Sunday, August 4, 2013
Fancy Farm 2013
The Courier-Journal overstated the number of McConnell supporters who rode on buses. In the first place, four, not five buses were planned; if there was a fifth, it was likely due to overflow -- a good problem for Team Mitch. Secondly, roughly half of the Republicans present did not ride the bus. A fair number who drove separately did leave after listening to Matt Bevin, but not because their ride was pulling out. More out of disgust or indifference.
The Democrats who came were mostly dressed in chartreuse union shirts. Not only were there way less Democrats than Republicans, the Democrats were quite a bit older.
Tackiest moment of the whole day: when the Democrats booed former Secretary of Labor Elaine Chao. Democrats wage a war on women, they just pick and choose who to go after. Apparently an American success story, who immigrated here at age eight, speaking no English, graduated from Harvard Business school and was appointed to serve our president in the cabinet, that's the sort of women Democrats want to wage war on, because she has the gall to step off the Feminist reservation and think for herself.
The speeches generally were geared to minimize gaffes. Every speaker was very aware that their opponent would like nothing better than to seize upon a clip for a future opposition ad. Rule changes similarly reduced the antics of Fancy Forms of yore. For example, the rule that prohibits props -- that stems from McConnell bringing a giant cut-out of Bill Clinton on stage and daring any Democratic candidate to come have a picture taken with Bill. (Stupidly, one did, resulting in the election of Congressman Ed Whitfield.)
McConnell's speech correctly framed his election in national terms: it is not about who represents Kentucky in the U.S. Senate but rather who runs the Senate. He's right about that. If Alision Lundergan Grimes wins, Harry Reid will almost certainly be Majority Leader. And if Matt Bevin wins the primary, AL-G will win the general, again making Harry Reid Majority Leader. We saw what happened in the first two years of the Obama administration, when Dems controlled the White House, the Senate and the House of Representatives. That's when they muscled through Obamacare (without even reading the bill prior to the Christmas Eve vote). We cannot allow them to control the Congress. Because McConnell has been the firewall in the Senate, his defeat is the Democrats number one priority this election cycle.
Grimes's speech was much uglier than I had expected. For all her talk about not wanting to be bullied, she is a mean girl. Elaine Chao shook her head in disgust as Grimes misrepresented McConnell's record. Note to Grimes: saying no to a bad idea is called wisdom and courage. The teenager who tells his car mates that it's not a good idea to race the train could be called an obstructionist. He could also be called a hero. McConnell has stood up to the train wreck that is Obamacare from its inception, as he has stood up to all the other steps Obama would take to turn us into Greece.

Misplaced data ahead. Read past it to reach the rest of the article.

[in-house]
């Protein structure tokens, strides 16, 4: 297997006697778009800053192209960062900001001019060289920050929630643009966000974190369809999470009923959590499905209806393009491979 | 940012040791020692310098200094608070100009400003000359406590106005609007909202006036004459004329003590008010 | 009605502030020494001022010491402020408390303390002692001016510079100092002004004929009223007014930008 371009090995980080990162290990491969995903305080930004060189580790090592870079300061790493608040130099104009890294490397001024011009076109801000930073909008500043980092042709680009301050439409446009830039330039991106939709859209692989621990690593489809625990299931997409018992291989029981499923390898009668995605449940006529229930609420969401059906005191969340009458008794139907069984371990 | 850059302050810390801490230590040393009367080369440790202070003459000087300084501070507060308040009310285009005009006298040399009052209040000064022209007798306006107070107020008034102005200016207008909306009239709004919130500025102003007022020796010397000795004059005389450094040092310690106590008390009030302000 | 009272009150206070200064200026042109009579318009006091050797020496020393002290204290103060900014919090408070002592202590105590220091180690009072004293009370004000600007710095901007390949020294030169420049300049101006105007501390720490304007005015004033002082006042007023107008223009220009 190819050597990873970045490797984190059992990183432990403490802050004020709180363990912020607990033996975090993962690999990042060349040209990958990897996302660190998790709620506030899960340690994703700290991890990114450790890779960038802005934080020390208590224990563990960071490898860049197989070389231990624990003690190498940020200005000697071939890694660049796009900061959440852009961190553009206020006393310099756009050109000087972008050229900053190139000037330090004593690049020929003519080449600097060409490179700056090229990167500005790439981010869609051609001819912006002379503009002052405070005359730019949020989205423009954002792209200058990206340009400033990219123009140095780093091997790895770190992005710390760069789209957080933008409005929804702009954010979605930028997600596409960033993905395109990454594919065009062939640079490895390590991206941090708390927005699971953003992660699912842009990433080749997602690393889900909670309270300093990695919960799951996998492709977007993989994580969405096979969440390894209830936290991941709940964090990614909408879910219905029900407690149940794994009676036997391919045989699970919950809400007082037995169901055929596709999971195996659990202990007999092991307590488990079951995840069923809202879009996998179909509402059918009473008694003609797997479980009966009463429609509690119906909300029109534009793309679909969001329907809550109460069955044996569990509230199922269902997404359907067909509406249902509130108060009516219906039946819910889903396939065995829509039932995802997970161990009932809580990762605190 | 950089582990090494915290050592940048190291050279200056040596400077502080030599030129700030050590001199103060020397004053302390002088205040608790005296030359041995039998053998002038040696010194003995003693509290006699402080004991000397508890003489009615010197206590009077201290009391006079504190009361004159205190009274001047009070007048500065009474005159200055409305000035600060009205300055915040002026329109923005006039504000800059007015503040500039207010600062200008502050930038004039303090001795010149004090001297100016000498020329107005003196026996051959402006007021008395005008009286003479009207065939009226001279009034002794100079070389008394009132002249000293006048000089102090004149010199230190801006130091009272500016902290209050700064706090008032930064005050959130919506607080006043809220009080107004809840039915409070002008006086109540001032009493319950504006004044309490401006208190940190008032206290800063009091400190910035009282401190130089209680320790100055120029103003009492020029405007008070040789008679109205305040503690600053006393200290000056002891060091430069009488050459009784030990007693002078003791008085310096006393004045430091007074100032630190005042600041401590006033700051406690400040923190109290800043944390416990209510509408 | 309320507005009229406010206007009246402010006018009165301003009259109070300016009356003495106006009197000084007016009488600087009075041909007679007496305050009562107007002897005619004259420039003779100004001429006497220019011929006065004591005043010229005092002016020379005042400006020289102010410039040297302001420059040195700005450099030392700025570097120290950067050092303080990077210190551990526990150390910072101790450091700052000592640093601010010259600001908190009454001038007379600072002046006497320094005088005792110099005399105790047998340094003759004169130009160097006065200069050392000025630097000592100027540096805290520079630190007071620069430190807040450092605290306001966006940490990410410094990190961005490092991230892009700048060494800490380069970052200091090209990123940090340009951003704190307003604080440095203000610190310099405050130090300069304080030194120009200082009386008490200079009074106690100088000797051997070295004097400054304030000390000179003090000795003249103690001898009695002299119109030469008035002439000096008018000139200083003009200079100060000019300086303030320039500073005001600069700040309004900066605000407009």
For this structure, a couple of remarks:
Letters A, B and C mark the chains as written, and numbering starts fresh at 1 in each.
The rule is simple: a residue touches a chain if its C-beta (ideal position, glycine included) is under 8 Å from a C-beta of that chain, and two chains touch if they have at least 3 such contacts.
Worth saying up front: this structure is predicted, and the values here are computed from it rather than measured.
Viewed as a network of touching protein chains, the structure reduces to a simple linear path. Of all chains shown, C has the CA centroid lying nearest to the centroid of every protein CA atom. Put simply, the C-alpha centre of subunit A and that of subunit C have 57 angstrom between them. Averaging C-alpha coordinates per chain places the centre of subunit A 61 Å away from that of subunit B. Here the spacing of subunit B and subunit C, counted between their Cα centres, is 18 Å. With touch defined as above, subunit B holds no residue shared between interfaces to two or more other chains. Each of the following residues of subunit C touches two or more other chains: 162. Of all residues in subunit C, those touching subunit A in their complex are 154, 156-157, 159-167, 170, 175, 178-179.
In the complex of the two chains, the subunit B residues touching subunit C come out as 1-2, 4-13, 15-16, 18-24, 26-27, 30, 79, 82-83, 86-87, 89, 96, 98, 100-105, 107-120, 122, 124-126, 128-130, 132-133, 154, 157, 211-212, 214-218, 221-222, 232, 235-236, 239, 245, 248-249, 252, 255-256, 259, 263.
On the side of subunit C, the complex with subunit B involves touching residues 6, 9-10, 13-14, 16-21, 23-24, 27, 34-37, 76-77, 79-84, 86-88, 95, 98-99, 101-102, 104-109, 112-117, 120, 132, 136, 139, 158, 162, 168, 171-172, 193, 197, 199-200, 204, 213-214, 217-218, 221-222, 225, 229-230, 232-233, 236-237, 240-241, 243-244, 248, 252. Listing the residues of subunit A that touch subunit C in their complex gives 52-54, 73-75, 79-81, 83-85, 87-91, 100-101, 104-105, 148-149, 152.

As far as the other speeches by elected officials, Ed Whitfield's was outstanding. He methodically attacked the Obama administration's war on coal and tied Grimes to it. He's right. Grimes's personal views about coal are beside the point, because if she is elected, Harry Reid will be able to bring regulations to the Senate floor that will cripple what is left of Kentucky's coal industry.
Jack Conway's speech, to my mind, was the worst. Recall that the No Profanity Rule at Fancy Farm was instituted because Jack Conway at a previous Fancy Farm boasted that he was "one tough son of a bitch." Not real genteel for a church picnic. Conway didn't curse this time, he just boasted. He lauded his record ad nauseum Clearly he is running for governor. And clearly, he is a narcissist of the highest order. He also looked angry; still bitter not be be a U.S. Senator, maybe.
Matt Bevin's speech came second to last. Remaining Republicans from Team Mitch sat in polite but stony silence at first and then began to quietly leave. Plainly, Bevin is a smart, articulate guy. His few supporters (maybe two dozen) shook cow bells that Bevin's Connecticut company made -- the one that took the bailout. This was in violation of the Fancy Farm rule, announced at the beginning, and not particularly effective. Bevin, like Grimes, pulled no punches in attacking McConnell. At one point, he appealed to the Democrats to applaud his attacks on McConnell, saying "we're on the same page here." (Note to Republicans: remember that line.) Democrats mostly seemed unconvinced.
The net effect of the combined attacks on McConnell by Grimes and Bevin reminded me of Goldilocks and the Three Bears: one bed was too long, one bed was too short, but the third bed was just right. Grimes complained that McConnell was too right wing and Bevin complained that McConnell was not right wing enough.
As best I could tell, the only Democrat who spoke to mention the name Obama was some crank at the end who is challenging Grimes in the primary. For all the other Democrats, Obama was He Who Must Not Be Named. What a pity McConnell couldn't bring a cardboard cutout of Obama on stage for the Democrats to come be photographed.